Failure to report cases of FGM to the police will become a disciplinary offence, under new legislation released today.
The law will only apply to cases in girls aged 18 or under. The law will only apply to cases in girls aged 18 or under. This is due to concerns raised during the consultation phase of the proposals that the legislation could deter women from seeking medical advice and assistance. If a case is confirmed, the professional who discovered it will have a month to report it to the police, or could face disciplinary sanctions.
Under the amendments to the Serious Crime Bill, cases where FGM has been visually confirmed or disclosed by the victim must be reported to the police. If a nurse or midwife fails to do so, they could be subject to disciplinary sanctions and Fitness to Practice actions from the NMC. The measures apply to all health and social care workers, as well as education staff.
Janet Fyle, professional policy advisor at the RCM, said: 'These developments are very welcome and are major steps forward in the effort to stop this abuse of girls and women. This is a bold step by the government and one of a number of measures which has seen the drive to end FGM in the UK become a priority.'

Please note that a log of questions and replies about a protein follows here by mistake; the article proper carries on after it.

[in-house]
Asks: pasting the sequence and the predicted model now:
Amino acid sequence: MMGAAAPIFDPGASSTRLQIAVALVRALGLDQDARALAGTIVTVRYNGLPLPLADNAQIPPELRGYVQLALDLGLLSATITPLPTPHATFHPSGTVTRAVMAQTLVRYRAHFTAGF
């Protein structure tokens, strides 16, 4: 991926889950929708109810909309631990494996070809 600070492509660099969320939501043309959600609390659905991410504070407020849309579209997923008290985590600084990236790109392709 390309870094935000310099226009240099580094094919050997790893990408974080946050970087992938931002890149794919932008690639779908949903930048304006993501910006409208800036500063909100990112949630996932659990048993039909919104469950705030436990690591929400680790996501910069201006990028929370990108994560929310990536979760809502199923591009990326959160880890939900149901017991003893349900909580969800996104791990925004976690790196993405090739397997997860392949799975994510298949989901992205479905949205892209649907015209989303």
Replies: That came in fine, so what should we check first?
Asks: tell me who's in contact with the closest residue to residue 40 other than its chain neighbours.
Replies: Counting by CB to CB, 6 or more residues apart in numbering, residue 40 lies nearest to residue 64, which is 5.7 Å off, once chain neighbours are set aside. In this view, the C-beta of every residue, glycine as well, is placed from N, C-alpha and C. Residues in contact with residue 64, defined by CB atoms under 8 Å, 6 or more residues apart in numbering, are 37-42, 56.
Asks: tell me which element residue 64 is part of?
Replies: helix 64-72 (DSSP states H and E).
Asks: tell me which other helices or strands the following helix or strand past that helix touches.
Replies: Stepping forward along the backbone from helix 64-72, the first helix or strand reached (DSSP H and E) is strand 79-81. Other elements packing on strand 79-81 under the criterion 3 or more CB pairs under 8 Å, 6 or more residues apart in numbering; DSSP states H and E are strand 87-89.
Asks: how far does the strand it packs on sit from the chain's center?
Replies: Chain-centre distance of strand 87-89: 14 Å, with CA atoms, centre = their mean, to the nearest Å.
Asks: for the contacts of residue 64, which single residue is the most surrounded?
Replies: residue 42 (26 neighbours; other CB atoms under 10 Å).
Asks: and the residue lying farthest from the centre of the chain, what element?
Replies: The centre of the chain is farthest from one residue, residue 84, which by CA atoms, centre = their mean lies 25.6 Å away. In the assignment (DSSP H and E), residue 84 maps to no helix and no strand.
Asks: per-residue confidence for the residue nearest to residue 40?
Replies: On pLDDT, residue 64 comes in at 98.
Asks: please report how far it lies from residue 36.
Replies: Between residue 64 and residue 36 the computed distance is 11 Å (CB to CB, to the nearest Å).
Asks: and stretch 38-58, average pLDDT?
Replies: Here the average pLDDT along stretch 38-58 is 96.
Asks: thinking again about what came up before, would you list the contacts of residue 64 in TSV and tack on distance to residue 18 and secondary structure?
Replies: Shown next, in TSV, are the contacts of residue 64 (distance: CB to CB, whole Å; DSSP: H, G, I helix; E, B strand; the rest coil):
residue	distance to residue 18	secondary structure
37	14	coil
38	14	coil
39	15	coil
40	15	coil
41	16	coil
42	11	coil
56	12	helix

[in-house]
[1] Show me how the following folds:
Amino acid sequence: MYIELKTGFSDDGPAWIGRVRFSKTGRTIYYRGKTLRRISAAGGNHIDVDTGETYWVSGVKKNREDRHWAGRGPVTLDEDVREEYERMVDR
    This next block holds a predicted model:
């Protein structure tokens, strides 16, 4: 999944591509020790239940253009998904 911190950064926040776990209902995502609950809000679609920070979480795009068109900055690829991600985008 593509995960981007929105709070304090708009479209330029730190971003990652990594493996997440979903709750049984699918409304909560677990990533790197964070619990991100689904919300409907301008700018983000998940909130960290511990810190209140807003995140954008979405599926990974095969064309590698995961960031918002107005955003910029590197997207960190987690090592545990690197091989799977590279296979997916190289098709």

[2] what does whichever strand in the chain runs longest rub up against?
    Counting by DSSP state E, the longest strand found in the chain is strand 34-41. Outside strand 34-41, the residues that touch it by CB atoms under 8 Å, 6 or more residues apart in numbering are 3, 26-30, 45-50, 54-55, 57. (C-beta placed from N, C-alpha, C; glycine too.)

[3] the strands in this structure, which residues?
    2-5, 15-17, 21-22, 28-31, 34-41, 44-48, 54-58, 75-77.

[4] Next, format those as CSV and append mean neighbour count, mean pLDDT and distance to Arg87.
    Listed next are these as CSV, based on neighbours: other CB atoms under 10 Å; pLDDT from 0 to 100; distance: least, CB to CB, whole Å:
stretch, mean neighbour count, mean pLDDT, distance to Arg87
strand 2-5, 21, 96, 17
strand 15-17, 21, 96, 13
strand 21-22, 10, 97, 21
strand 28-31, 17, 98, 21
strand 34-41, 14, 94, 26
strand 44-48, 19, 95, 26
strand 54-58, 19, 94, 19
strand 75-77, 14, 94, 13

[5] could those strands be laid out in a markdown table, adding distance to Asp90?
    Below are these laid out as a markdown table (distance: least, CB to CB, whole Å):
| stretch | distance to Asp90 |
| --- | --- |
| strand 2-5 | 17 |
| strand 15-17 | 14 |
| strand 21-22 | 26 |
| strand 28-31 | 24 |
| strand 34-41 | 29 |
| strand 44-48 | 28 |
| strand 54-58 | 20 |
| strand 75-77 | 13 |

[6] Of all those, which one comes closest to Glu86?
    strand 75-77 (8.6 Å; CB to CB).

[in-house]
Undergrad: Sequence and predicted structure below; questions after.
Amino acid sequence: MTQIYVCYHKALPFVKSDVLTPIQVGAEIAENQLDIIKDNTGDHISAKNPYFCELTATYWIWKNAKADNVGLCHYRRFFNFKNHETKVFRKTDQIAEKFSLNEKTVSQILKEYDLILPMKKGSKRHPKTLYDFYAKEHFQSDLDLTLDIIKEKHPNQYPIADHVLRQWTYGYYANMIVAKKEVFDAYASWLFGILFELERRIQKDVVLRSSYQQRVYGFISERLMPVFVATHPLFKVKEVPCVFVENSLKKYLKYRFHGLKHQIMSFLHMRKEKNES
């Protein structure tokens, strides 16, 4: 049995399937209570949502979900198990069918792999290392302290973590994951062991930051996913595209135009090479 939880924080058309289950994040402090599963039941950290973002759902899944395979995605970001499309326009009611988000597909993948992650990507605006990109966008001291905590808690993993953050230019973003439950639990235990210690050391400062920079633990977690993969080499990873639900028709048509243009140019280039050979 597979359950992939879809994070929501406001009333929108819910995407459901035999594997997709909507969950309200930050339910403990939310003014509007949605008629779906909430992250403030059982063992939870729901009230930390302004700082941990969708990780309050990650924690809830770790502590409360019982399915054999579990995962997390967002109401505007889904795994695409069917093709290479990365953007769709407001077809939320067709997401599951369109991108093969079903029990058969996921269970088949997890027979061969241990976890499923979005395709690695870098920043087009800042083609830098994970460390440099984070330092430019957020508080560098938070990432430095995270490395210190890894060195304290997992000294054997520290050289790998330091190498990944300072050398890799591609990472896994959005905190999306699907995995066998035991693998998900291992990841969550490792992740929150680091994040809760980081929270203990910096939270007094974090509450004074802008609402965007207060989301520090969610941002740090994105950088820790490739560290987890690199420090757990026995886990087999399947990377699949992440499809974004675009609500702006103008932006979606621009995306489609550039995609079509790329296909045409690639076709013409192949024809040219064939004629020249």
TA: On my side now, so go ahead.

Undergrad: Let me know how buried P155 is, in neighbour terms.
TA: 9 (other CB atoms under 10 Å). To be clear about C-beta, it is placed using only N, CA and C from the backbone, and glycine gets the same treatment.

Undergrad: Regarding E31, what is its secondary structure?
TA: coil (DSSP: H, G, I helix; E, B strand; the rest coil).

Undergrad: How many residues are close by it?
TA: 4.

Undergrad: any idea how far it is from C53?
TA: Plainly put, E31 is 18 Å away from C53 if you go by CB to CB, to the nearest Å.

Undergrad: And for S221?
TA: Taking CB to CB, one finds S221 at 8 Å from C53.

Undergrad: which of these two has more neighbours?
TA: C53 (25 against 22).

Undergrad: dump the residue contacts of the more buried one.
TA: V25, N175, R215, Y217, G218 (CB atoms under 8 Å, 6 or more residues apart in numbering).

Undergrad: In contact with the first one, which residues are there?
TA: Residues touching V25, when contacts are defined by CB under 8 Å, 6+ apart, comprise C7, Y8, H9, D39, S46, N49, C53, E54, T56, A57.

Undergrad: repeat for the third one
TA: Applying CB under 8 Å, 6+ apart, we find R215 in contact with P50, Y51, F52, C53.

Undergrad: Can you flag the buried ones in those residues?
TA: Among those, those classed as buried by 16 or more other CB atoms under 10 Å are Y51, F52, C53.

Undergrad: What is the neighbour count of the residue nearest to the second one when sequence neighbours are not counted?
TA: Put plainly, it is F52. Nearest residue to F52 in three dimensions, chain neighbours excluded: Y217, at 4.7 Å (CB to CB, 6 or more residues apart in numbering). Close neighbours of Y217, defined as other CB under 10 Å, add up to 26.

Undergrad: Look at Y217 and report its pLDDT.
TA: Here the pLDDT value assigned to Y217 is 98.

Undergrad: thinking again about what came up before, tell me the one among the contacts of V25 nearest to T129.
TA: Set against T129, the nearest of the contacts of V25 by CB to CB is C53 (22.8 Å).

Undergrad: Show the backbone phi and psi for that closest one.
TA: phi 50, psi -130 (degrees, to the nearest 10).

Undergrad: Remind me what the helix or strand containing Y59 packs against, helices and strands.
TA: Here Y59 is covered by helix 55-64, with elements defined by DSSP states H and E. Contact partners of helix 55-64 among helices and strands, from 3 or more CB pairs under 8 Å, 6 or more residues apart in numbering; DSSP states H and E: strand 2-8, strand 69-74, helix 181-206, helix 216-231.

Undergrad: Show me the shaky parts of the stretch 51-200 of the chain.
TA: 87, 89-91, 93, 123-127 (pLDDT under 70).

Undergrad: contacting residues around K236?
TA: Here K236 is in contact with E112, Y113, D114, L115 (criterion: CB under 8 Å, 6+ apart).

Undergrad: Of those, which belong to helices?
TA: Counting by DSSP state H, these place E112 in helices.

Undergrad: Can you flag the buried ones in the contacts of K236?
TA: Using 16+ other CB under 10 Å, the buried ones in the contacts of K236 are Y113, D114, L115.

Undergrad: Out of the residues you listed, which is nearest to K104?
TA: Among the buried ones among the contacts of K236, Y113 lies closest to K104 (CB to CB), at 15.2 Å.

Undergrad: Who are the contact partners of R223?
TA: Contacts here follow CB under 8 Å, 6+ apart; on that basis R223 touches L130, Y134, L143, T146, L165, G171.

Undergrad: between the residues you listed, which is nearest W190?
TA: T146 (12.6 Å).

Dr Peter Carter, the RCN's chief executive, said: 'It's vital that everyone working with girls and young women at risk of FGM knows that it is abuse and are prepared to treat it as such. The Government's focus on mandatory reporting is an important step towards ensuring that nurses, midwives and other health professionals act as they would with any suspected abuse and report it.'
The government has also taken several other measures to combat FGM in the UK, such as providing training on the issue for NHS staff, introducing a prevention programme in the NHS, and updating multi-agency guidelines.
Crime prevention minister Lynne Featherstone, who announced the measures, said: 'FGM is a criminal offence and it is child abuse. It can cause extreme and lifelong physical and emotional suffering and we all have a responsibility to do all we can to put a stop to it.'